HYDERABAD, India (Morning Star News) – A Christian family in eastern India has been confined to their home for months amid police threats to jail them for “breach of peace” after tribal mob assaults for leaving their native religion, sources said.
The mob of tribal followers of native religion gathered police and news media to accompany them when they beat Christians in Jharkhand state’s Khala village, Garhwa District, earlier this year, said one of the attacked Christians, Asha Korwa, a mother of two young children.
“The mob brought with them the village president, media and police officers,” said Korwa, whose children, ages three and six, were beaten on Jan. 31 along with her and her husband. “As the media clicked our pictures and videotaped the attack, the police watched as mere spectators. They did not stop the assailants or the media.”
After the midnight attack by a large mob of tribal animists, Garhwa police ordered the Christian family not to leave the village, she said.
“Police officers at Garhwa police station summoned my husband to the police station and told him that he has been held responsible for the breach of peace and public tranquillity under Section 107 of the Criminal Procedure Code,” Korwa told Morning Star News. “They told him that nobody from my family will step out of the village and that, if necessary, they would take our entire family into custody.”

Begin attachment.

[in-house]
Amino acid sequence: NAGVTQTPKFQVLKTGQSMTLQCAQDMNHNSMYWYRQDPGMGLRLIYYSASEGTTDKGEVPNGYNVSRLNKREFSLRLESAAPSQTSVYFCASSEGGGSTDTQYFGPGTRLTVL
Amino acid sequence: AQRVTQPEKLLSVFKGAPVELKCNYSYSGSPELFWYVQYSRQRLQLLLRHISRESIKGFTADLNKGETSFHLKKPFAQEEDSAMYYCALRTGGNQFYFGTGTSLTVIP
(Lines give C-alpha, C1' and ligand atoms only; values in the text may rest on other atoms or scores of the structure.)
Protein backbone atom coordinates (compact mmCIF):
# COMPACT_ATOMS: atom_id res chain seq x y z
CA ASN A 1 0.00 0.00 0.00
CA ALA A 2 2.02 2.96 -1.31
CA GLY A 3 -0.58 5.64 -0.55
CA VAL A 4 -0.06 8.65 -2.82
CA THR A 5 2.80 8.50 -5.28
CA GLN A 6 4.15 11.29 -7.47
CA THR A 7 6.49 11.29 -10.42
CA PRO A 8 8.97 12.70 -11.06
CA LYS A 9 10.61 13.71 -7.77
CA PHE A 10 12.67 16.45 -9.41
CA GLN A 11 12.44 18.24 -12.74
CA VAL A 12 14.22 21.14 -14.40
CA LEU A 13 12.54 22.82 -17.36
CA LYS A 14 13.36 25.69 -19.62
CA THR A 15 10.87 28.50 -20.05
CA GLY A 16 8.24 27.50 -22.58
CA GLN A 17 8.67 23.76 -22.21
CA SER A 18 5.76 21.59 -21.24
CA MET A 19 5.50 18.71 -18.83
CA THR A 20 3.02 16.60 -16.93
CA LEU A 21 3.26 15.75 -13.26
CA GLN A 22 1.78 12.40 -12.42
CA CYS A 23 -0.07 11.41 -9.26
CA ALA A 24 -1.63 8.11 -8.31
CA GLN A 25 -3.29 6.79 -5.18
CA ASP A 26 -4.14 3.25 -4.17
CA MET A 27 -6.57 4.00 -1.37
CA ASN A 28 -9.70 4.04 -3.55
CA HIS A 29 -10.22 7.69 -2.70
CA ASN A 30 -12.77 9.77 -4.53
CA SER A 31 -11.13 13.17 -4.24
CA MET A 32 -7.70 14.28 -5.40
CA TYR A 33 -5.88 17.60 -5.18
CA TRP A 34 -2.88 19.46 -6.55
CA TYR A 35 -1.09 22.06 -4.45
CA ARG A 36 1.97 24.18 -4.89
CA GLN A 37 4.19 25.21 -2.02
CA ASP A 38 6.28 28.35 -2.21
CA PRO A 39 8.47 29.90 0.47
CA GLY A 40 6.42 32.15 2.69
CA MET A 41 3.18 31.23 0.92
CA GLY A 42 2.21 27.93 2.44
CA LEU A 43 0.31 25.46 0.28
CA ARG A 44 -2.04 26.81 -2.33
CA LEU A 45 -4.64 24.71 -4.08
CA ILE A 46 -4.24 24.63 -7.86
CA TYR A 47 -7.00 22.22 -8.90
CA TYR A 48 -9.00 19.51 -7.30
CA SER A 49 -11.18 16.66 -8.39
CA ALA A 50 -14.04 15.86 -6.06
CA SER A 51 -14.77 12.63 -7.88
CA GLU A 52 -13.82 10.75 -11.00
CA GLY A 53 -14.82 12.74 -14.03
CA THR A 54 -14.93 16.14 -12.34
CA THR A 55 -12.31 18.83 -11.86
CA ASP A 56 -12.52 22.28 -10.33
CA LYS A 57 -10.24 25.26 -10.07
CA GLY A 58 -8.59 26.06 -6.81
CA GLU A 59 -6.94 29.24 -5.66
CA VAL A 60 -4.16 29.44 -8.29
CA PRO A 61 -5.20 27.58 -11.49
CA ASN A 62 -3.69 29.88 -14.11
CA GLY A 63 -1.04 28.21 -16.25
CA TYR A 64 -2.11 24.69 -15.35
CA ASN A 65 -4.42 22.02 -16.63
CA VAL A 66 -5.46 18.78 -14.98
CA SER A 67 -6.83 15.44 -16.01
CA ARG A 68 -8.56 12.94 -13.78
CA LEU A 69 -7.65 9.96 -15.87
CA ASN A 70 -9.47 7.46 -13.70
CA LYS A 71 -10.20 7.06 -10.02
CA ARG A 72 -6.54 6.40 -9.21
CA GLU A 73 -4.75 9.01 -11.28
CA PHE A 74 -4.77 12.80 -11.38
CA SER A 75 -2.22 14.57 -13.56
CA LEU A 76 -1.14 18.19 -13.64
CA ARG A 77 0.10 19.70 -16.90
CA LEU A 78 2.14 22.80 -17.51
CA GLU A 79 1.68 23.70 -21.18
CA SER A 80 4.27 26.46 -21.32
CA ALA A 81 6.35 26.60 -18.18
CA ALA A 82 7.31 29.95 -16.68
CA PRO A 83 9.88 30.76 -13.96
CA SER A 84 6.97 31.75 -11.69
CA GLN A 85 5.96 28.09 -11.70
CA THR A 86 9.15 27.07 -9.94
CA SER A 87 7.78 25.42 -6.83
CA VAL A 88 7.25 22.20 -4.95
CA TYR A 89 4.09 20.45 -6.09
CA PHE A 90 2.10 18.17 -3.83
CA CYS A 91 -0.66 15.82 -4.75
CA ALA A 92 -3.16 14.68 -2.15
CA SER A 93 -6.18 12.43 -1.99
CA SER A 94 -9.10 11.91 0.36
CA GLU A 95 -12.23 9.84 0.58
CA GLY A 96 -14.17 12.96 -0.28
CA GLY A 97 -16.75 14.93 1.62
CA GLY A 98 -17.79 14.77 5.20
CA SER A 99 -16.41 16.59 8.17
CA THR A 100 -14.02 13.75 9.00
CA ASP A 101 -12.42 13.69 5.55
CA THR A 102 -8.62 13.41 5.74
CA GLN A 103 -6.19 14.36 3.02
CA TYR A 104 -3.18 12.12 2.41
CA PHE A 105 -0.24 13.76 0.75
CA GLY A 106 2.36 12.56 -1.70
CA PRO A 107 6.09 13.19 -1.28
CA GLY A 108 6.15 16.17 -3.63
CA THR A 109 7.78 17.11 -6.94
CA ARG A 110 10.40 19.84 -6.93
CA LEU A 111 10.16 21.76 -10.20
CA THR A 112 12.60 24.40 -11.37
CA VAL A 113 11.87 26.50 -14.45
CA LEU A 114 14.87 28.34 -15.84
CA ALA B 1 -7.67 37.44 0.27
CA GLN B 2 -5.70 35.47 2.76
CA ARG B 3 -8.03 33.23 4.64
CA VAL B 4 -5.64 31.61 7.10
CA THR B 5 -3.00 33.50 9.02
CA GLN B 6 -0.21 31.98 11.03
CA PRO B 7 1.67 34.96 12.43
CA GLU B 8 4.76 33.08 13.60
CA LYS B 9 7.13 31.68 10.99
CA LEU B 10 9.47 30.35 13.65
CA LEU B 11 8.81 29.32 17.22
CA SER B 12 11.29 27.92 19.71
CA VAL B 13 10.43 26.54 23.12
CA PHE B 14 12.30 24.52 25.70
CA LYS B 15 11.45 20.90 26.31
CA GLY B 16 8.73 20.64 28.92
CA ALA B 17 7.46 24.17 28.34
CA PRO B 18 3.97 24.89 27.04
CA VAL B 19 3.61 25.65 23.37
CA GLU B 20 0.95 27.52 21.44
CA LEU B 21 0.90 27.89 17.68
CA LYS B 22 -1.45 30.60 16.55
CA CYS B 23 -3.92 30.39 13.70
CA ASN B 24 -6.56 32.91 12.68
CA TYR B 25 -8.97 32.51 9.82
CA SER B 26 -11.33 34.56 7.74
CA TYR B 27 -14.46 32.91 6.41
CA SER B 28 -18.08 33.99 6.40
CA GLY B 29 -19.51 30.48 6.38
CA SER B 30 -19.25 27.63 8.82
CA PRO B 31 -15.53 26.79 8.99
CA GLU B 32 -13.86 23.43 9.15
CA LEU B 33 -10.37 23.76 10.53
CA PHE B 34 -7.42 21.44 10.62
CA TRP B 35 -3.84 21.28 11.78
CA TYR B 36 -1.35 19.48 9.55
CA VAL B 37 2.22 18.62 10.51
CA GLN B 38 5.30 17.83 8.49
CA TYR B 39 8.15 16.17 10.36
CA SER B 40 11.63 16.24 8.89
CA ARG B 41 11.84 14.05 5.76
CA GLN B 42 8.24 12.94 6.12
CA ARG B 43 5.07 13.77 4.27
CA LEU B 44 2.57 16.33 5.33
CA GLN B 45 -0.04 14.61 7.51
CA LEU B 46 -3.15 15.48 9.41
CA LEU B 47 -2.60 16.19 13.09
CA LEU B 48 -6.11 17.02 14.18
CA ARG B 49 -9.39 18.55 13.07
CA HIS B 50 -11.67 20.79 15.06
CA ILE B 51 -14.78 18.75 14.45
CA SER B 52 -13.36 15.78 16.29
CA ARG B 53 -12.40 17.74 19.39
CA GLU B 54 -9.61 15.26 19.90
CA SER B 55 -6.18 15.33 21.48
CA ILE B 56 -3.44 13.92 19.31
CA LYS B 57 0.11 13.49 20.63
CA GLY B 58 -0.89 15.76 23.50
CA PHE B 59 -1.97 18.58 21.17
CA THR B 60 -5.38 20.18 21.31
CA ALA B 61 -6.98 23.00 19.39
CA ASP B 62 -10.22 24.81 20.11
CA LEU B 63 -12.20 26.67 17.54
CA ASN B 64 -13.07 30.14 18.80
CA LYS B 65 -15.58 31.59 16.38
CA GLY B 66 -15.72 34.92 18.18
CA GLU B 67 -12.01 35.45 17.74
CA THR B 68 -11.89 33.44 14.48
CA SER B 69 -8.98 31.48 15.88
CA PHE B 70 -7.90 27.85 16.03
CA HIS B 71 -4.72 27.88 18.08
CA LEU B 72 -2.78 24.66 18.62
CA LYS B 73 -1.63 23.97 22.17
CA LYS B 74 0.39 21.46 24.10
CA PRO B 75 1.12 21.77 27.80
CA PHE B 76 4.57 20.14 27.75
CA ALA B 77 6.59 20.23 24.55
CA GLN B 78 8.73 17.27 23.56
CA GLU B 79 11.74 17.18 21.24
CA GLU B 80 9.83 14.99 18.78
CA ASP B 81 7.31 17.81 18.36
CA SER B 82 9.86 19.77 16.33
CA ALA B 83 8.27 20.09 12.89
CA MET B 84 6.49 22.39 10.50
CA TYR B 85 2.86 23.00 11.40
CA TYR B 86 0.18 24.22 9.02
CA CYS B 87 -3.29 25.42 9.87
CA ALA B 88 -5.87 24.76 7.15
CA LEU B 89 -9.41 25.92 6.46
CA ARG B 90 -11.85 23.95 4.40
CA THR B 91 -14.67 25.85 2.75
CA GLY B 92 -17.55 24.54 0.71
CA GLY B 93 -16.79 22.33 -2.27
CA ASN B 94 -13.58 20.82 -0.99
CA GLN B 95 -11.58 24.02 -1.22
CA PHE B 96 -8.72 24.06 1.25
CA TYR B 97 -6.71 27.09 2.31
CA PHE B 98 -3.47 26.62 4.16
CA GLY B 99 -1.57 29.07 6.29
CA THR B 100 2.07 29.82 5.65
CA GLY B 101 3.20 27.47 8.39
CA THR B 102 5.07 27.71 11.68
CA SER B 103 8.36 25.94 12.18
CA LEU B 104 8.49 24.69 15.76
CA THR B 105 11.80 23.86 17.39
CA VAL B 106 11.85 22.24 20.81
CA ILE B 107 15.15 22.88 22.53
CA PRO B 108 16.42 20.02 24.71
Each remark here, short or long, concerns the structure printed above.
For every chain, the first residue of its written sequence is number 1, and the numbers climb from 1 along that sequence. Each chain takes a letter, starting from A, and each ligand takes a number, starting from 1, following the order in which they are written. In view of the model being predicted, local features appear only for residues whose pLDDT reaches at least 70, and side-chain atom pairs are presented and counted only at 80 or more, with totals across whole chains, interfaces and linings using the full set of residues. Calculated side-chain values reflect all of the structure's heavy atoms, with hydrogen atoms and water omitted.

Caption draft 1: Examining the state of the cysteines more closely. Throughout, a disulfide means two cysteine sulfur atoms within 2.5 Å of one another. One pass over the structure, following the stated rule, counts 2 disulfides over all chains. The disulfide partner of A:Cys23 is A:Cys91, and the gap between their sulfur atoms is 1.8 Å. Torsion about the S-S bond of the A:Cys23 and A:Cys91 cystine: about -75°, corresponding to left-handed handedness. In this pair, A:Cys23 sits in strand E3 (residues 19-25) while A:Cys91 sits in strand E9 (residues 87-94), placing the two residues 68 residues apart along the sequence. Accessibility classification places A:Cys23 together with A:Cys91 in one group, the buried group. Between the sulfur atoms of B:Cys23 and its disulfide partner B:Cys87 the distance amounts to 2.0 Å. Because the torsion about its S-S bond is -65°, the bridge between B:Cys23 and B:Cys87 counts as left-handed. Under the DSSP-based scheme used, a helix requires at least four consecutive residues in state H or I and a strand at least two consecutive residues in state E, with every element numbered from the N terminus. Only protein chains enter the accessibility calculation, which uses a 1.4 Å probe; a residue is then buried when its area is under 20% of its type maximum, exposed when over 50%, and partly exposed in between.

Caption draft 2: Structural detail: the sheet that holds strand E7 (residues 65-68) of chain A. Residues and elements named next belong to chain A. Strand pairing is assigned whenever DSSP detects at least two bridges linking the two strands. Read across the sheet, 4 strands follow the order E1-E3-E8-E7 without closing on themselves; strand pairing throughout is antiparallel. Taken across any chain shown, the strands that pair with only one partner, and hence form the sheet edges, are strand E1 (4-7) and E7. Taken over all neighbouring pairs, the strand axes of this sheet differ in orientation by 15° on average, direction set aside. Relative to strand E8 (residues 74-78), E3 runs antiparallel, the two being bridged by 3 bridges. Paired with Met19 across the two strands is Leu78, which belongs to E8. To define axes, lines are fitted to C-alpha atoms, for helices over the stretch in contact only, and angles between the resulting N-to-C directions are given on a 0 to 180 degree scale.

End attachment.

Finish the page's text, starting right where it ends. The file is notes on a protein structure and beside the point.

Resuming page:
Police harassed them the following days, she added.
“The first 10 days of February, we could not breathe in our own home,” Korwa said. “The police officers were stopping by to enquire if we have committed a breach of peace. They would go to our neighbors to take their report as to whether we behaved well.”
The tribal animists first attacked on Jan. 22, holding her husband, Sukender Korwa, by his shirt and striking his back as they ordered them to stop Christian worship in their home, she said.
“Our house is very close to the main road, and they get annoyed by even the slightest of the noises that can be heard when we praise and worship,” she said. “On the day of the first attack on Jan. 22, a batch of strongmen from the community stormed into our home and started badgering us, ‘Why are you shouting hallelujah? How dare you worship a foreign god!’”
After beating Sukender Korwa, the assailants left after threatening that they would chase down and kill the family if they ever heard Christian worship from their home again, she said.
When a larger mob arrived the following week and began beating all family members, Asha Korwa asked them why they had returned.
“I asked them that they have warned us and gone away just few days ago, so why did they return to attack us again?” she said. “What mistake have we done that they were beating my small children?”
The next morning, local newspapers and news channels carried stories that some members of the community had accepted a new faith, she said.